German born violinist Nadja Zwiener studied in Berlin and at the Guildhall School of Music and Drama in London, where she specialised in historic performance practice of music from the 17th to the 19th Century.
She concentrated on playing in a string quartet for eight years, played in the opera orchestra in Munich for two years and worked closely with a number of composers on performing their newly written pieces before discovering what she enjoyed most: playing on gut strings.
She is the leader of The English Concert, with whom she regularly performs across Europe, the US and the Far East. She is also active as a soloist and directs programmes from the violin. Engagements include the violin solo in Handel’s Giulio Cesare on stage in Glyndebourne with the OAE and at the BBC Proms, a production of music by Vivaldi in Venice for the BBC, Bach violin concertos with The English Concert at Wigmore Hall in London and at the Bachfest in Leipzig, as well as directing Camerata Kilkenny, The English Concert, the Baltic States Baroque Orchestra and the Mendelssohn Kammerorchester Leipzig.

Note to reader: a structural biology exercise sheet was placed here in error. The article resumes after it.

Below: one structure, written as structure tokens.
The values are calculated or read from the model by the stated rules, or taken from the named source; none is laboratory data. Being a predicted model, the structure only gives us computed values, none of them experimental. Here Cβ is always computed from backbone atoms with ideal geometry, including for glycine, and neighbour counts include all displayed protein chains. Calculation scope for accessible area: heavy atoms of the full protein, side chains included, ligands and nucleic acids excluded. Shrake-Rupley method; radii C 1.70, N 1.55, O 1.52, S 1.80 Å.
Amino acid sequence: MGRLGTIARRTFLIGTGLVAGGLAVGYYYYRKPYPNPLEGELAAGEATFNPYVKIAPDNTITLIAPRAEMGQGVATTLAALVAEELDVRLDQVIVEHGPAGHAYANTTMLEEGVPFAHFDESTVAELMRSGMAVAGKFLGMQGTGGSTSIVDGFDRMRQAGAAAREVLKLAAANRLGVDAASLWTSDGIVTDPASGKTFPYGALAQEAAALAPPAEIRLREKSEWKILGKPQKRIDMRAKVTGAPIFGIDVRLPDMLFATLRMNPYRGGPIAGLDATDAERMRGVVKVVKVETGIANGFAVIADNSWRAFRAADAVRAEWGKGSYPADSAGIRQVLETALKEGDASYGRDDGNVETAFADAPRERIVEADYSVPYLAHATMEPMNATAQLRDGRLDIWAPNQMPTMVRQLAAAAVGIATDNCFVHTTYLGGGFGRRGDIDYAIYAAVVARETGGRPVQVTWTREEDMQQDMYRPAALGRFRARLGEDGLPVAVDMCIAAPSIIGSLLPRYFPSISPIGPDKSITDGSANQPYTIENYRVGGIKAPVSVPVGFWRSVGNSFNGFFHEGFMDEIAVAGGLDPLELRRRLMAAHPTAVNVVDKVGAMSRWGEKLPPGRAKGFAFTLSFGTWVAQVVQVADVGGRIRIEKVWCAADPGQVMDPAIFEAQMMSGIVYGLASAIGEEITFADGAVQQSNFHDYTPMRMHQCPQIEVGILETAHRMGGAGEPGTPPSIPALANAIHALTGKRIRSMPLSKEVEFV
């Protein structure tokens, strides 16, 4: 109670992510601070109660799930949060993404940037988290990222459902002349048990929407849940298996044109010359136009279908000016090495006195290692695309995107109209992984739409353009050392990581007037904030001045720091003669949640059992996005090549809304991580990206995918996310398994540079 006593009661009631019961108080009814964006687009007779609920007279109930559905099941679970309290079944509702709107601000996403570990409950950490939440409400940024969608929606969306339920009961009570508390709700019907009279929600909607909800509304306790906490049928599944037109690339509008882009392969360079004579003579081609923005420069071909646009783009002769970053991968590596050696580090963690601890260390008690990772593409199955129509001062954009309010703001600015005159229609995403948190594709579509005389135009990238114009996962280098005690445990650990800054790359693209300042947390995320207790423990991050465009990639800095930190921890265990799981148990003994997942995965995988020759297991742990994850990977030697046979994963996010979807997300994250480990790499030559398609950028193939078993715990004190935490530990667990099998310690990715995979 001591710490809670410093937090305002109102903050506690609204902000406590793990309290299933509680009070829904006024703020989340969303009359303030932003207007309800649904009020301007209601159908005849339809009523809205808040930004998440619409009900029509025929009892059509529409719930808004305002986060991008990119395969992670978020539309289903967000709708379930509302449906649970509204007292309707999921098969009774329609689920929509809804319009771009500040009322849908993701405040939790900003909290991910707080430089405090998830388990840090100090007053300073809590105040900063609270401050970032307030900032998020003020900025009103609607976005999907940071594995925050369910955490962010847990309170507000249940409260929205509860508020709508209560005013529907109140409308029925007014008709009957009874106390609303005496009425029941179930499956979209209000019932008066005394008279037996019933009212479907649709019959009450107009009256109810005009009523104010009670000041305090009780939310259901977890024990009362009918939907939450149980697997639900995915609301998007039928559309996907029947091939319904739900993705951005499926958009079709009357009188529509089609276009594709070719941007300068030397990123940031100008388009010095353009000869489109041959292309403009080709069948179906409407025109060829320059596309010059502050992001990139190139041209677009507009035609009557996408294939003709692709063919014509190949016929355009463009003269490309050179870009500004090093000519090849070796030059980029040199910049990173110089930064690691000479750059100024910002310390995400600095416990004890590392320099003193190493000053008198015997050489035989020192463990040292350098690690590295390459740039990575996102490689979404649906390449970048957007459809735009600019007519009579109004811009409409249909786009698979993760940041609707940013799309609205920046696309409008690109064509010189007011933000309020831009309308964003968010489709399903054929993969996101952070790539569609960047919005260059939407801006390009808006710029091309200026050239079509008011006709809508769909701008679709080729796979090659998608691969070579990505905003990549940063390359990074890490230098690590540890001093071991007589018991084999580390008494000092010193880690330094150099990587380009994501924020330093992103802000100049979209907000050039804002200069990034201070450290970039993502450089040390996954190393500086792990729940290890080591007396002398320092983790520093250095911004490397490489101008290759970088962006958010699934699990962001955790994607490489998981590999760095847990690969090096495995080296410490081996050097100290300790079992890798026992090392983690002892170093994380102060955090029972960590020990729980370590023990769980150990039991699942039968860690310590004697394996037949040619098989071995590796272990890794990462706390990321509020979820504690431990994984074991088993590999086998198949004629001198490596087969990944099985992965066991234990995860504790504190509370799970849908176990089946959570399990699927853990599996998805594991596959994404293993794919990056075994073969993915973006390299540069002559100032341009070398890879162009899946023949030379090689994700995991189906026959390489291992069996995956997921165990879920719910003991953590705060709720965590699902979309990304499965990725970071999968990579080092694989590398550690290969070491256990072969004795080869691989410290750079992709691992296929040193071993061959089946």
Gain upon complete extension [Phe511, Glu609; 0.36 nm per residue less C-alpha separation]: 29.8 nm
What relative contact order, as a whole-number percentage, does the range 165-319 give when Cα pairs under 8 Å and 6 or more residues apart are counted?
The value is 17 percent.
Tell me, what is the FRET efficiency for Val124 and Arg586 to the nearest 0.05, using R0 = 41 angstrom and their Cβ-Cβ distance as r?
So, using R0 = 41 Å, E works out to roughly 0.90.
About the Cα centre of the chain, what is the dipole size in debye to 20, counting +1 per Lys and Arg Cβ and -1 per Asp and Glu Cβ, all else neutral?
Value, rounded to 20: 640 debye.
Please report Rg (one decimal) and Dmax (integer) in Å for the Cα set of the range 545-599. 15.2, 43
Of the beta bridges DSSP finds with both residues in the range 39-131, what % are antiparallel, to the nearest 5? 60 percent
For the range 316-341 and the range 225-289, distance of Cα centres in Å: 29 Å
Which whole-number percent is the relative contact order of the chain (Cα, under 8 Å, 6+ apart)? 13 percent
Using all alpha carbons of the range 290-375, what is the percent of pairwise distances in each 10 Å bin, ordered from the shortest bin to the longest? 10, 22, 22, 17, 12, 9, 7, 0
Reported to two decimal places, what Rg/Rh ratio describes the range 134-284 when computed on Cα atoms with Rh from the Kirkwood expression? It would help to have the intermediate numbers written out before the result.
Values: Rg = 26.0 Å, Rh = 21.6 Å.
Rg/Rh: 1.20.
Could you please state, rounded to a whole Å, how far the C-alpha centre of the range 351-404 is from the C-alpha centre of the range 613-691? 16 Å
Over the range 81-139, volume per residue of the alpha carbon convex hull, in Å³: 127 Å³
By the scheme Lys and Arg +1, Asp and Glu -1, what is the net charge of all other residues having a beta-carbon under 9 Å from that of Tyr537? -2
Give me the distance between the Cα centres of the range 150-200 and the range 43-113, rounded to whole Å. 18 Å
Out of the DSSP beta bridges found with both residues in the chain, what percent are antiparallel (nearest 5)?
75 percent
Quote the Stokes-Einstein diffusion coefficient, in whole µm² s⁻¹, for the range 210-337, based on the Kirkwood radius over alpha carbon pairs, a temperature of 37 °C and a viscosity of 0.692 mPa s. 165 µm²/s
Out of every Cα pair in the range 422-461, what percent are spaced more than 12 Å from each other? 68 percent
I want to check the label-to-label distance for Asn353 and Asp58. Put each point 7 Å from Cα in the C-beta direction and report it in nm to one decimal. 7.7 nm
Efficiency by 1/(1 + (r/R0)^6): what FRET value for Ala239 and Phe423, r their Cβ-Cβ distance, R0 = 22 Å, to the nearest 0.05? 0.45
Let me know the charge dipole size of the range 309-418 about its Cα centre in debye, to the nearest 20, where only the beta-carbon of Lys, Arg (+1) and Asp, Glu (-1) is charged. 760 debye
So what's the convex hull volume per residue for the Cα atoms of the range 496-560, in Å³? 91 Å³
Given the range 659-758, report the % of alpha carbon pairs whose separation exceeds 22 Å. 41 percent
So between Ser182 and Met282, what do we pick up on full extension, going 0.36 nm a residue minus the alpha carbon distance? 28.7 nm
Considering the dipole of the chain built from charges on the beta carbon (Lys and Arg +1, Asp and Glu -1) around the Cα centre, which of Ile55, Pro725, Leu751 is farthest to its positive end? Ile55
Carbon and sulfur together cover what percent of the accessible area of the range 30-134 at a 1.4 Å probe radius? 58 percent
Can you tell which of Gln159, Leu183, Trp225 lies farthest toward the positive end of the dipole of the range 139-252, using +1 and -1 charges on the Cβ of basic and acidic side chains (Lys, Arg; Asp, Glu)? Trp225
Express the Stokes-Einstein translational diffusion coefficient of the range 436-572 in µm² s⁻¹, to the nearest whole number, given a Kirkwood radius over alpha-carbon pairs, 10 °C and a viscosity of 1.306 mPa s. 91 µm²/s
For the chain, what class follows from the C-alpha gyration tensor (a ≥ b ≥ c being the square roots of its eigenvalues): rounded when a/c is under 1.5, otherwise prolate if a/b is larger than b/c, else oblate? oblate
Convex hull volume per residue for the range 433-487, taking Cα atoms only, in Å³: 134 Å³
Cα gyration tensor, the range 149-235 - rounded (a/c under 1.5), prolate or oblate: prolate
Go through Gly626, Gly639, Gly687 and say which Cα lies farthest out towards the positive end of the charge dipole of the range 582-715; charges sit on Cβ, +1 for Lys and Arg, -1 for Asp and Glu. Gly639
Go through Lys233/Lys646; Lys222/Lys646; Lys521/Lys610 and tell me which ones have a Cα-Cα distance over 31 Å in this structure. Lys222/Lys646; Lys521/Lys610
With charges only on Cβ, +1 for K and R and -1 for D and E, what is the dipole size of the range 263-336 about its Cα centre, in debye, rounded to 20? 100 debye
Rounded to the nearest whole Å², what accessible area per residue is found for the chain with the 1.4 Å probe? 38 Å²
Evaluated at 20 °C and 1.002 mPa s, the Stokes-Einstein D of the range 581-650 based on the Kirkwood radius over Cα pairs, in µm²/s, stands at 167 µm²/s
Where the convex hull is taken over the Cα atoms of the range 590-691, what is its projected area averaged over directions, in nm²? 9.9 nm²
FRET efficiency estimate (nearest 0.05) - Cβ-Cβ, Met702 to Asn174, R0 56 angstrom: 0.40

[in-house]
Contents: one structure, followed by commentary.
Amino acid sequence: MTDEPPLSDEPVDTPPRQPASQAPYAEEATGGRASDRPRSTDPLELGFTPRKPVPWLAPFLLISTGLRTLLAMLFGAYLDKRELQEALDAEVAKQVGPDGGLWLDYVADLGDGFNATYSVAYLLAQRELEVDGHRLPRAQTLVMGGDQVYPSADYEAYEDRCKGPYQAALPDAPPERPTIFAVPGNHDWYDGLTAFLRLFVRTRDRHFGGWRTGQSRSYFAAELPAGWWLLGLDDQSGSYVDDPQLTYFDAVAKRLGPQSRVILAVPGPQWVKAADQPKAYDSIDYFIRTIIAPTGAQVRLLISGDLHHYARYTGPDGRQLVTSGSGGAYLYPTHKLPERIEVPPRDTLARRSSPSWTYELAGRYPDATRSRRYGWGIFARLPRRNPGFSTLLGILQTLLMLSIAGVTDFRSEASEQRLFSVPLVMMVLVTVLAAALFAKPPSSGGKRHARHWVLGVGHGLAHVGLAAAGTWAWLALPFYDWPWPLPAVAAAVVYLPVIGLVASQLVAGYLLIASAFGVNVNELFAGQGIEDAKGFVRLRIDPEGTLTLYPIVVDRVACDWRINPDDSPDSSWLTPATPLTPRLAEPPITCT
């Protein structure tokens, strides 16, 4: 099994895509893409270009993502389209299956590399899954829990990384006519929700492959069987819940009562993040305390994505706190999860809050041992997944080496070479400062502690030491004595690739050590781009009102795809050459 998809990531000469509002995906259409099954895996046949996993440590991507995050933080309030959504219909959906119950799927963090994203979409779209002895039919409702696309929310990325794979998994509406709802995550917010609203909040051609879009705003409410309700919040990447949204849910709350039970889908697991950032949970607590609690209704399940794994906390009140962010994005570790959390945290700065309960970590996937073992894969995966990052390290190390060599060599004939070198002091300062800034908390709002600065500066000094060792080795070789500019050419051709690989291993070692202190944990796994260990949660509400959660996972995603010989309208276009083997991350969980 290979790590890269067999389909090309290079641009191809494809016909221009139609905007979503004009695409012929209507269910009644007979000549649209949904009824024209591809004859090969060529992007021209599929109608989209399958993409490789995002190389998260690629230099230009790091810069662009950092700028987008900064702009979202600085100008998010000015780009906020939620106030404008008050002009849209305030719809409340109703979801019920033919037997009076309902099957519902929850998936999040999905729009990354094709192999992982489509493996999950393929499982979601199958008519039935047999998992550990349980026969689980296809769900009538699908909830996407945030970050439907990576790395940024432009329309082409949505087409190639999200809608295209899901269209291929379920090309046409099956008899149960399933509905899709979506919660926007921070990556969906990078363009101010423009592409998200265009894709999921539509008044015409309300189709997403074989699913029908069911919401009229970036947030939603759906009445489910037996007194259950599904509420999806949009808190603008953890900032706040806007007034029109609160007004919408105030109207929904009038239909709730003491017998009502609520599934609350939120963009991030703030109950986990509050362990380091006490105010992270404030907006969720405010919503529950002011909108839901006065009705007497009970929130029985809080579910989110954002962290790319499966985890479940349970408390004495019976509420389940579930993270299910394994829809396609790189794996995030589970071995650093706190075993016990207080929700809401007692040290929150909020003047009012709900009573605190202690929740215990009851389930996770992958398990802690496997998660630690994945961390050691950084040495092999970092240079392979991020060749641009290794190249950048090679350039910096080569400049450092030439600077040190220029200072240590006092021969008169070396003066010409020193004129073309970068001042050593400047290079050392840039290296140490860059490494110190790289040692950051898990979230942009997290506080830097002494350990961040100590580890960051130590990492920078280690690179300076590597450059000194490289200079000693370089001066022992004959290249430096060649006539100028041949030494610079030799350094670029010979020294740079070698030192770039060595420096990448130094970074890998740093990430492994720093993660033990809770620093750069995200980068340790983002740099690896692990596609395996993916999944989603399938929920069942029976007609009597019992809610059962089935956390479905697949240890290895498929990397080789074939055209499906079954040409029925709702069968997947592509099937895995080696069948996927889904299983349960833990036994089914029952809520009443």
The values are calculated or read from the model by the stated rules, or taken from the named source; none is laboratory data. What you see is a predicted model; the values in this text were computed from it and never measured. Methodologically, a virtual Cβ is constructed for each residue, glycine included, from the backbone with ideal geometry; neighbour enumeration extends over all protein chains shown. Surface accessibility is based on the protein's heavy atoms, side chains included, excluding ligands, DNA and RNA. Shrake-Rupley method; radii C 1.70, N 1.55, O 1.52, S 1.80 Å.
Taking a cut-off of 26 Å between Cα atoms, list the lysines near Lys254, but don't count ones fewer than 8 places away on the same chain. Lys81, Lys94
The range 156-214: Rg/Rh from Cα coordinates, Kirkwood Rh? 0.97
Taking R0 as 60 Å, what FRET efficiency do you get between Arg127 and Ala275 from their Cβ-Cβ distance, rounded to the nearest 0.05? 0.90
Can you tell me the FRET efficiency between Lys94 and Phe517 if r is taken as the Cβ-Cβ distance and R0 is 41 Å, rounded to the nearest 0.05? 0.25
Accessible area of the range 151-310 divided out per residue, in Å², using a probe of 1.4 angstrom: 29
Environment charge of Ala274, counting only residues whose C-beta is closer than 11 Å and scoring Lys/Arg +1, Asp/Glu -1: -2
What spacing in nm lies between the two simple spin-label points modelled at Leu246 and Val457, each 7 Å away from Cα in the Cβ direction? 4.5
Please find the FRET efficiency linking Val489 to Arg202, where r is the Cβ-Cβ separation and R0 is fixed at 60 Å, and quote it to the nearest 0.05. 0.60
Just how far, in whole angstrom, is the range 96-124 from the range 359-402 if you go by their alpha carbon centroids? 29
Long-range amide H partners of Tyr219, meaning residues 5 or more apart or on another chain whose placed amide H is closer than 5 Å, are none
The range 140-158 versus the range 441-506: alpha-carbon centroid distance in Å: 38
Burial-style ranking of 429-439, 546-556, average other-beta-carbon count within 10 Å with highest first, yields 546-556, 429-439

As a concertmaster she has worked with Simon Rattle, William Christie, Trevor Pinnock, John Eliot Gardiner and Emmanuelle Haïm, and regularly performs with various period instrument ensembles such as Akademie für Alte Musik Berlin, Les Arts Florissants, Le Concert d’Astrée and others.
Of particular interest and inspiration to Nadja is work with singers while her passion for chamber music led her to co-found the summer festival, Thüringer Kammermusiktage, in Germany, featuring music from the 17th to the 21st Century in often new and unusual contexts.
Nadja is often invited as a guest concertmaster and has recently worked with Barokkanerne Oslo (Norway), Capella Cracoviensis (Poland), St. James’s Baroque (London), Classical Opera Company (London), and Mendelssohn Kammerorchester Leipzig (Germany).
Together with the composer and performer Johannes Malfatti she is currently working on a project combining Early Music with Electronic Music, trying to challenge preconceived listening habits.